You can be in a happy family. I like my family. They are my future.
Kasenyi Landing Site lies on a peninsula on a shallow continental shelf that reaches out from the northern shore of Lake Victoria. Its wide beach is an ideal spot for the many commercial and subsistence fishing boats that frequent these waters to land and sell their catch. In the distance, Entebbe—the seat of Uganda’s power—rises across the bay.
Most of the people who live here are fisherfolk families, but Kasenyi, and the bustling informal settlement that has sprung up around it, hold the promise of a living for many others: informal traders, boda boda (motorcycle taxi) drivers, sex workers and nightclub owners are also part of Kasenyi’s diverse population.
Many of the residents live a mobile existence and access to services like HIV testing, treatment and prevention and other SRH services can be difficult. When people move for work, or stay away from home for long periods of time, adherence to treatment is less likely. They are faced with new and different circumstances and may not be able to access health-care facilities.
Fred Mutyaba makes a living on Kasenyi Landing Site by selling solar panels to its residents. He lives with his wife, Mariam, and four children: Julius (6), Jonathan (5), Jennifer (15 months) and Fred’s older son by another partnership. Mariam is living with HIV. Fred and the children are HIV negative.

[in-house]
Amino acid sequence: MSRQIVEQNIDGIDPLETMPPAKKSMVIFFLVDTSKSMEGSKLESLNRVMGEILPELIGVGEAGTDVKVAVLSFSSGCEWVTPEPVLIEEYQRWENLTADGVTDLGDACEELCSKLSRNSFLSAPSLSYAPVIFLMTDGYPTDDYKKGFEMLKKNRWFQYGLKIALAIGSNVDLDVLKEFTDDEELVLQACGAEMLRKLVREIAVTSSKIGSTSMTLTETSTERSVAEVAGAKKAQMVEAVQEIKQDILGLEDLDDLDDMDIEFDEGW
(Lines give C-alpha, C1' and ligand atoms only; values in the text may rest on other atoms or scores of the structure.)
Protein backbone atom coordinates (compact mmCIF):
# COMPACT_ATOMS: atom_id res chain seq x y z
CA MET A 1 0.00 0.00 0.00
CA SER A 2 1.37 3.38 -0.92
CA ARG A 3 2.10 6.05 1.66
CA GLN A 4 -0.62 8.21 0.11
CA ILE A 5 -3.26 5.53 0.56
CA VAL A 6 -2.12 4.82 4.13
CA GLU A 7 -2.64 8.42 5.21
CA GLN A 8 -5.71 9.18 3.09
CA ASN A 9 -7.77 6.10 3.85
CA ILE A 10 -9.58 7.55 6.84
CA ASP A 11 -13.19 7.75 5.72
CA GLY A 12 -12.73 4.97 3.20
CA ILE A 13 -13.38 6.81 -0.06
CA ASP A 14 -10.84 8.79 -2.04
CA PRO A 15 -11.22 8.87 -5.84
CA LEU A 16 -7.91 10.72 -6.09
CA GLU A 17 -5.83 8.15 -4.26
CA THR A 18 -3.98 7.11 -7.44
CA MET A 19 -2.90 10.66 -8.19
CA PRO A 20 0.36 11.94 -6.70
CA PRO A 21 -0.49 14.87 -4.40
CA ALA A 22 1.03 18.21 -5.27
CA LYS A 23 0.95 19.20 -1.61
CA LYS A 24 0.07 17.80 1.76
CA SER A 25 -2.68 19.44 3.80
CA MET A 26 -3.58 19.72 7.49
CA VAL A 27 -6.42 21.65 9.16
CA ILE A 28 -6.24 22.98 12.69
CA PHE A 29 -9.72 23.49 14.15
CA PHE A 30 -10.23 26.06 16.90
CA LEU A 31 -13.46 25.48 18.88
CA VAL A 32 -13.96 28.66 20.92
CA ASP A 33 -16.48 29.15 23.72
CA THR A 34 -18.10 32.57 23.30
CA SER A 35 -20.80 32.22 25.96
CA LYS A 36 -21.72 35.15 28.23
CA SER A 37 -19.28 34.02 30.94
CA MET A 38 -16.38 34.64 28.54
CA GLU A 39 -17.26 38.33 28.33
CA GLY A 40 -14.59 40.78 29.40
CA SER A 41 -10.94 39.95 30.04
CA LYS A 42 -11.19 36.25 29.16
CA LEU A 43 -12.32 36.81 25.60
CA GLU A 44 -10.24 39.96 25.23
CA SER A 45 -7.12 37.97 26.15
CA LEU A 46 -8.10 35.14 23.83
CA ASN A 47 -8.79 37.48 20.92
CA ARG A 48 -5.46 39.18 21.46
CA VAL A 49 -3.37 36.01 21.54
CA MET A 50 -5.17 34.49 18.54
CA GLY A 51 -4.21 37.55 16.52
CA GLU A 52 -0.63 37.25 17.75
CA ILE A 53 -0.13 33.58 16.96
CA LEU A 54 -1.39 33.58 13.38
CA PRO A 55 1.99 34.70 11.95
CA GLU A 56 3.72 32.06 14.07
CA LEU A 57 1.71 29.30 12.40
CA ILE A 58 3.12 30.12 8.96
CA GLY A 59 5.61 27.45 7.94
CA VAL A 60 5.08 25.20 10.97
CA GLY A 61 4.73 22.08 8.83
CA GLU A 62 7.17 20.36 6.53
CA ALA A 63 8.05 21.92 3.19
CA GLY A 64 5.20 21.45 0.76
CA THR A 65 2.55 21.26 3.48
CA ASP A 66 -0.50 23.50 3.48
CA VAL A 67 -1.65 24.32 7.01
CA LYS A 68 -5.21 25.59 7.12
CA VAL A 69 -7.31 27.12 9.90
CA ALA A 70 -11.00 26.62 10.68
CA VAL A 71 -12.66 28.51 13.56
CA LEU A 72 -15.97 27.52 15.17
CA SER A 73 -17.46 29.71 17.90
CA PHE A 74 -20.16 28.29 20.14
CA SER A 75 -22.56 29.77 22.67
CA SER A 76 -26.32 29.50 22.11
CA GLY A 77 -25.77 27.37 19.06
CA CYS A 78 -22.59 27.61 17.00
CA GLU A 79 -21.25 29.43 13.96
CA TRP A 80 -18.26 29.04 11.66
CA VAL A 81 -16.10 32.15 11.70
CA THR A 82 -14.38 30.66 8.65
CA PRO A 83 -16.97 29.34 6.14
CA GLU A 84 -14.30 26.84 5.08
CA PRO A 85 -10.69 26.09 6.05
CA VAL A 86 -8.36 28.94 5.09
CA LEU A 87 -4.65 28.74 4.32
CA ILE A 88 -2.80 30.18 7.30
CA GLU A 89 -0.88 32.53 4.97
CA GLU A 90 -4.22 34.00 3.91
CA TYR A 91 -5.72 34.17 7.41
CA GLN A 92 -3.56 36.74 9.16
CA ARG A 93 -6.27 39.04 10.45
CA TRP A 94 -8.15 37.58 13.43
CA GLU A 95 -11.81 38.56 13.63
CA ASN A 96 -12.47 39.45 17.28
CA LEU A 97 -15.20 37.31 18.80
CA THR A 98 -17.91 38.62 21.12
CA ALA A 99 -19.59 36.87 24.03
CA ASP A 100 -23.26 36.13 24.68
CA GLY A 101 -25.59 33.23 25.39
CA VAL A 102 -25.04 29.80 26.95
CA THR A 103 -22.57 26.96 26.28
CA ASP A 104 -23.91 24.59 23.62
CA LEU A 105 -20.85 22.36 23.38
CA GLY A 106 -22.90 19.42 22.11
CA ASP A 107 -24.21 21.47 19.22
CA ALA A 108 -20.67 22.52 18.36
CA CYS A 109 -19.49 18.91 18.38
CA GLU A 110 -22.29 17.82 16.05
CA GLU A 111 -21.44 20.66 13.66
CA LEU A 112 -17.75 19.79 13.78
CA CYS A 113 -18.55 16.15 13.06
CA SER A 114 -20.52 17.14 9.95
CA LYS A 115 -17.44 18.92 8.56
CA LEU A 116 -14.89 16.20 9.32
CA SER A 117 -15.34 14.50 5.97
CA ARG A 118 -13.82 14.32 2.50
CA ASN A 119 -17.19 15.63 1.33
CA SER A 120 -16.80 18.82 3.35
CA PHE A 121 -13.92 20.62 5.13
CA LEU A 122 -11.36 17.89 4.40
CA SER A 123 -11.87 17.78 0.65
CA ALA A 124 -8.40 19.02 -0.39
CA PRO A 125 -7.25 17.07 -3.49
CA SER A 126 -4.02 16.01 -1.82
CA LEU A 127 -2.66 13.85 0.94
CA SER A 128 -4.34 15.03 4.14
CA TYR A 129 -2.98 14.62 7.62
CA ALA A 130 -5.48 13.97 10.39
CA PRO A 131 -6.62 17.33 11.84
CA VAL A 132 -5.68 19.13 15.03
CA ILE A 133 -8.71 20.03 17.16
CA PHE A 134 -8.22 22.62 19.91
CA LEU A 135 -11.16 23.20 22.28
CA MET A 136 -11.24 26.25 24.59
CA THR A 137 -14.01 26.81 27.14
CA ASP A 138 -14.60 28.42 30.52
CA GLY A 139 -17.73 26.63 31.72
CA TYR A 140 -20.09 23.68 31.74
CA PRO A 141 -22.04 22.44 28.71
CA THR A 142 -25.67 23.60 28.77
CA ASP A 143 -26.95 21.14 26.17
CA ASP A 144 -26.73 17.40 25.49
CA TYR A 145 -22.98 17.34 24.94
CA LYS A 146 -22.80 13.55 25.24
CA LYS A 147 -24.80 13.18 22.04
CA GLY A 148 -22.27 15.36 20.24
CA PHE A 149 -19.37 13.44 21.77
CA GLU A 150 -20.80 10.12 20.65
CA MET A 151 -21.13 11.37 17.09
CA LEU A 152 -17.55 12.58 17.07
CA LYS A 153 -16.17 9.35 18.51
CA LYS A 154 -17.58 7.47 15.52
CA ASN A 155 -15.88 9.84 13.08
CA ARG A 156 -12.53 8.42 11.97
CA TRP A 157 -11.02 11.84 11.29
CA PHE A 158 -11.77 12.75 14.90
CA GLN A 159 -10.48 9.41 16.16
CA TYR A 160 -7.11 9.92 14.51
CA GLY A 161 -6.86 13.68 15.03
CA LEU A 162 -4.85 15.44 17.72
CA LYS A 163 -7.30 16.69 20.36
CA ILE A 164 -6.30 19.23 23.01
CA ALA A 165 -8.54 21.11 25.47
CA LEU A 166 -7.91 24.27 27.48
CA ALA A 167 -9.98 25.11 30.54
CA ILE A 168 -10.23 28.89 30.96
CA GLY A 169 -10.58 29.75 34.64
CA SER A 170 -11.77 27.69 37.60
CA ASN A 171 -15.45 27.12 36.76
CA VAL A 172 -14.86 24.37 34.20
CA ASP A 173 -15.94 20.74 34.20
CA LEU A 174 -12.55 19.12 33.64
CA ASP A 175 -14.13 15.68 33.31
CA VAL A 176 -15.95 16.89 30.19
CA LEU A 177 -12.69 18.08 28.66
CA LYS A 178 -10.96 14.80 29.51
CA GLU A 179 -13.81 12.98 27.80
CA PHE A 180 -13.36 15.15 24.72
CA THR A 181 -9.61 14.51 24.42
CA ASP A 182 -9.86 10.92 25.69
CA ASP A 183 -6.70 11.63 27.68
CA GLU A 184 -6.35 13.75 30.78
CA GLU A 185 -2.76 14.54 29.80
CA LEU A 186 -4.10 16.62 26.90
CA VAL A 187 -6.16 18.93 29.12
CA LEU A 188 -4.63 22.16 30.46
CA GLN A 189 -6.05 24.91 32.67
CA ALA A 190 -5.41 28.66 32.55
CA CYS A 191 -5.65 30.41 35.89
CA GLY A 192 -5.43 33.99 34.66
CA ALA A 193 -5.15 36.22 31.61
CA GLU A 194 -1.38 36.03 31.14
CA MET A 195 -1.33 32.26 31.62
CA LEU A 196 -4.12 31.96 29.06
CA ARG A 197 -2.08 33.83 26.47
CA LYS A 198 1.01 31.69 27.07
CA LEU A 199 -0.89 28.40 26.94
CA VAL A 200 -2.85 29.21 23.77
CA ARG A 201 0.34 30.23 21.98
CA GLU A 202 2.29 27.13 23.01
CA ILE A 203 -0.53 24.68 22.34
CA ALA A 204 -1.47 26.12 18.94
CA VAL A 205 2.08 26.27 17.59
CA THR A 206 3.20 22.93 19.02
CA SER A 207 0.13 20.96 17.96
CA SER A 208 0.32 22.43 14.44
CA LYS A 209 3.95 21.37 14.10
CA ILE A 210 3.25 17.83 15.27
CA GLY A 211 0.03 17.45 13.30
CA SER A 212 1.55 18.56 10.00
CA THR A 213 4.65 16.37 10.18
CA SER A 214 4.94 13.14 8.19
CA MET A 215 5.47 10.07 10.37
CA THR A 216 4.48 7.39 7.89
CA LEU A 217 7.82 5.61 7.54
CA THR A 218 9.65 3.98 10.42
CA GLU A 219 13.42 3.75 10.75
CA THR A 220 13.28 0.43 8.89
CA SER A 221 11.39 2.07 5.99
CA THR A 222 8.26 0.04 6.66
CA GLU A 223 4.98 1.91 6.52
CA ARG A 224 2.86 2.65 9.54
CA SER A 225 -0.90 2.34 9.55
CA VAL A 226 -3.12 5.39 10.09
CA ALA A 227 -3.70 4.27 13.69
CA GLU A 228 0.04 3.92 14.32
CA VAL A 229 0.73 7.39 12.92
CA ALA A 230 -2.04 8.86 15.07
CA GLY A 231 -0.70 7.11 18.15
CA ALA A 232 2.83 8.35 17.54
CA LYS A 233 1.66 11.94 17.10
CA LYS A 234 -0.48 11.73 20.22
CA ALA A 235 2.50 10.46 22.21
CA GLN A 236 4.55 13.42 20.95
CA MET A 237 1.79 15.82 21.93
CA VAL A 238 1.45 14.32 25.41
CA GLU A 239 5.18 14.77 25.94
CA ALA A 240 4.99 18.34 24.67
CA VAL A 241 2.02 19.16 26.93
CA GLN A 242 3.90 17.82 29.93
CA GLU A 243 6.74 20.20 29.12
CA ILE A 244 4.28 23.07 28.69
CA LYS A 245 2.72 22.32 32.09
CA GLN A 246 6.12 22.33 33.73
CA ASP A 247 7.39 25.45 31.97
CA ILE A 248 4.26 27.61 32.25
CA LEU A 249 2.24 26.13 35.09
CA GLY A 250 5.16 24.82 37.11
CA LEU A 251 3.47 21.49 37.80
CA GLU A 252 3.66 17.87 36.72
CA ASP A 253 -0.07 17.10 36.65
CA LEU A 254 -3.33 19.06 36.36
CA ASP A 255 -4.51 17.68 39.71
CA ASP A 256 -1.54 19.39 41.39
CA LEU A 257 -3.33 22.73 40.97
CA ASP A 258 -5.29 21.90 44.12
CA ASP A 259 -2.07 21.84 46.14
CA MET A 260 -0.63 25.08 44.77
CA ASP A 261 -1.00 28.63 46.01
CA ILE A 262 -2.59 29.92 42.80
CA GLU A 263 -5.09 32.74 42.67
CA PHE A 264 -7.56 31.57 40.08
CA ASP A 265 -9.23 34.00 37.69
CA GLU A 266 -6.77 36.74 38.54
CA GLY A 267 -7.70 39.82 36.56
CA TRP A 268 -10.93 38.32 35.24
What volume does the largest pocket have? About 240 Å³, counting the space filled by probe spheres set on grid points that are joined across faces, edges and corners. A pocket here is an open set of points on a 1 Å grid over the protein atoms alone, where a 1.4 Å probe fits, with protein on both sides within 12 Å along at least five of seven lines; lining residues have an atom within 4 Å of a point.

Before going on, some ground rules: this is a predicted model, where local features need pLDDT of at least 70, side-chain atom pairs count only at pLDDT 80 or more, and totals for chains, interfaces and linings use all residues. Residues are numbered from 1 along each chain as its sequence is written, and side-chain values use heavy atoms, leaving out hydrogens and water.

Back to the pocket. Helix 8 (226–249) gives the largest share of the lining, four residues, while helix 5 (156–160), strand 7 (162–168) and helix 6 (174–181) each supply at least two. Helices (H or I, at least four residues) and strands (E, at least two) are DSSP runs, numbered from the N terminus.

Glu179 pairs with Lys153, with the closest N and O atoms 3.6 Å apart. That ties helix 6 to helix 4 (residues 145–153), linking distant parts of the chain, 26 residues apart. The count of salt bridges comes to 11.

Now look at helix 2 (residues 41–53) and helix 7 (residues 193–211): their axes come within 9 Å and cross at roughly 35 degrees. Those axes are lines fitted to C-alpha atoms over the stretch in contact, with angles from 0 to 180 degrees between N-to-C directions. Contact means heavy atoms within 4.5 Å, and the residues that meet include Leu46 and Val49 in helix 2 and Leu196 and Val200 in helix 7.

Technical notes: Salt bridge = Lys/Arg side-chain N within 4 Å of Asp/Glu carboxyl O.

Mariam found out she was HIV positive when she was pregnant with Julius. Fred said he was shocked, “I said, ‘These people are mistaken, if I am negative you cannot be positive’.” Mariam remembers being devastated by the results of the test, coming home and getting into bed in the middle of the afternoon, convinced that when she woke Fred would be gone. But he wasn’t. They decided the test must be wrong.
They went for several follow-up tests and each time concluded that the results were a mistake, until Mariam was pregnant with Jonathan and had a test as part of her antenatal care. The results were still the same. This time they had to accept Mariam’s positive status and that HIV treatment was the best way to deal with it. “When I was counselled they asked me if I was ready to take the antiretroviral medicines and I said I was,” says Mariam.
Fred says he and Mariam have found ways to deal with living with their different HIV statuses. Fred has educated himself and is now a male champion for the Mama’s Club, an organization in Uganda that supports women living with HIV and their partners. “If you find out that your wife is infected and you are not or the man is infected and you are not, it is not the end of your marriage,” says Fred. “You can be in a happy family. I like my family. They are my future.”
For Mariam, testing and treatment for HIV mean that she has achieved viral suppression and has confidence in her health. She hopes that speaking out about her HIV status will help other women in the same position. “Do not be afraid to go for an HIV test and know your status. I am taking my antiretroviral medicines, I have three HIV-negative children and I am very well,” she says.